BUZZ word!! “Religion”

Bear with me, one more conversation with C.S. Lewis. (I never tire of this man.)

Recently, I wrote a brief word study on “religion” for Swagga4Christ Ministries. Wouldn’t you know, the very next day in my C.S. Lewis Daily devotional from Bible Gateway, the sage himself wrote on the topic. So I thought I’d share our perspectives. It’s a hot, controversial topic. I’d love for you to add your voice!

My words:

Bound by Freedom

“You, my brothers and sisters, were called to be free. But do not use your freedom to indulge the flesh; rather, serve one another humbly in love.” Galatians 5:13

No one really knows where it came from. The word “religion” is kind of mysterious. For hundreds of years, scholars have debated its origin.
One opinion I stumbled upon bothered me at first. Modern scholars think it might have been derived from the Latin word ligo, meaning “bind or connect”.
I got hung up on the word “bind”. Many people today view religion that way. They feel that it binds them, constrains them to a certain list of rules. But Galatians 5:1 says that Christ set us free, so our faith must have nothing to do with being bound. However, there is a different kind of binding, of connecting. Colossians 3:14 says, “Most of all, let love guide your life, for then the whole church will stay together in perfect harmony.” The Christian faith is not merely a religion. Jesus came to bring us freedom from the law—a long list of do’s and dont’s. But it is also the love of Christ that creates harmony among believers. We must be diligent as we enjoy our freedom in Christ that we work for unity among our Christian brothers and sisters.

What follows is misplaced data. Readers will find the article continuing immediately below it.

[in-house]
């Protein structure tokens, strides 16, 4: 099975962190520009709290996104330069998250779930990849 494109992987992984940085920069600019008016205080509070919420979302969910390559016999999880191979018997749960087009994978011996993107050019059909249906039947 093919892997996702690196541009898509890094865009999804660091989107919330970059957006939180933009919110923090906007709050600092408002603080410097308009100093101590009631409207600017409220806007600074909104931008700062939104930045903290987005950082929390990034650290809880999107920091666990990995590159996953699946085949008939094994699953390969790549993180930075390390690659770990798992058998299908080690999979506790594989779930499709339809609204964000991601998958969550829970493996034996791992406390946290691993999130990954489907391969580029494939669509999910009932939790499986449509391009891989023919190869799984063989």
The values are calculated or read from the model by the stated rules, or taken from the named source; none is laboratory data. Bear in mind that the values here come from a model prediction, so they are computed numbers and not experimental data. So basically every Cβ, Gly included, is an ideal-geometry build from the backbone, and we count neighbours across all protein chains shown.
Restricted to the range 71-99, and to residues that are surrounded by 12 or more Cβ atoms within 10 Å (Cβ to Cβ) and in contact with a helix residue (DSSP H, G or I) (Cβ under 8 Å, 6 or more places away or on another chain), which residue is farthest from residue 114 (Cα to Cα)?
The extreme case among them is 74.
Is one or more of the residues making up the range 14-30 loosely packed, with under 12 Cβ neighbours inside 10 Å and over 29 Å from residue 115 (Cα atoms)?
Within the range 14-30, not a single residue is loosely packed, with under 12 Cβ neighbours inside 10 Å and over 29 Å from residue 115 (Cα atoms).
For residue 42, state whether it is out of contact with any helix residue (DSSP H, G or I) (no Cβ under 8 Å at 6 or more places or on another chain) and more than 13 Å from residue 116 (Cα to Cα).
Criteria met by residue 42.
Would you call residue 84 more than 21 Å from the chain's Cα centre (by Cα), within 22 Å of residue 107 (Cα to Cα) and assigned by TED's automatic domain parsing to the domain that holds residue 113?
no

C.S. Lewis:

I remember once when I had been giving a talk to the R.A.F., an old, hard-bitten officer got up and said, ‘I’ve no use for all that stuff. But, mind you, I’m a religious man too. I know there’s a God. I’ve felt Him: out alone in the desert at night: the tremendous mystery. And that’s just why I don’t believe all your neat little dogmas and formulas about Him. To anyone who’s met the real thing they all seem so petty and pedantic and unreal!’
Now in a sense I quite agreed with that man. I think he had probably had a real experience of God in the desert. And when he turned from that experience to the Christian creeds, I think he really was turning from something real to something less real. In the same way, if a man has once looked at the Atlantic from the beach, and then goes and looks at a map of the Atlantic, he also will be turning from something real to something less real: turning from real waves to a bit of coloured paper. But here comes the point. The map is admittedly only coloured paper, but there are two things you have to remember about it. In the first place, it is based on what hundreds and thousands of people have found out by sailing the real Atlantic. In that way it has behind it masses of experience just as real as the one you could have from the beach; only, while yours would be a single glimpse, the map fits all those different experiences together. In the second place, if you want to go anywhere, the map is absolutely necessary. As long as you are content with walks on the beach, your own glimpses are far more fun than looking at a map. But the map is going to be more use than walks on the beach if you want to get to America.
From Mere Christianity
Compiled in A Year with C.S. Lewis

What do you think?
Is religion the same as faith in Christ?
Do you need Jesus to get to Heaven?
How do you experience Christ?

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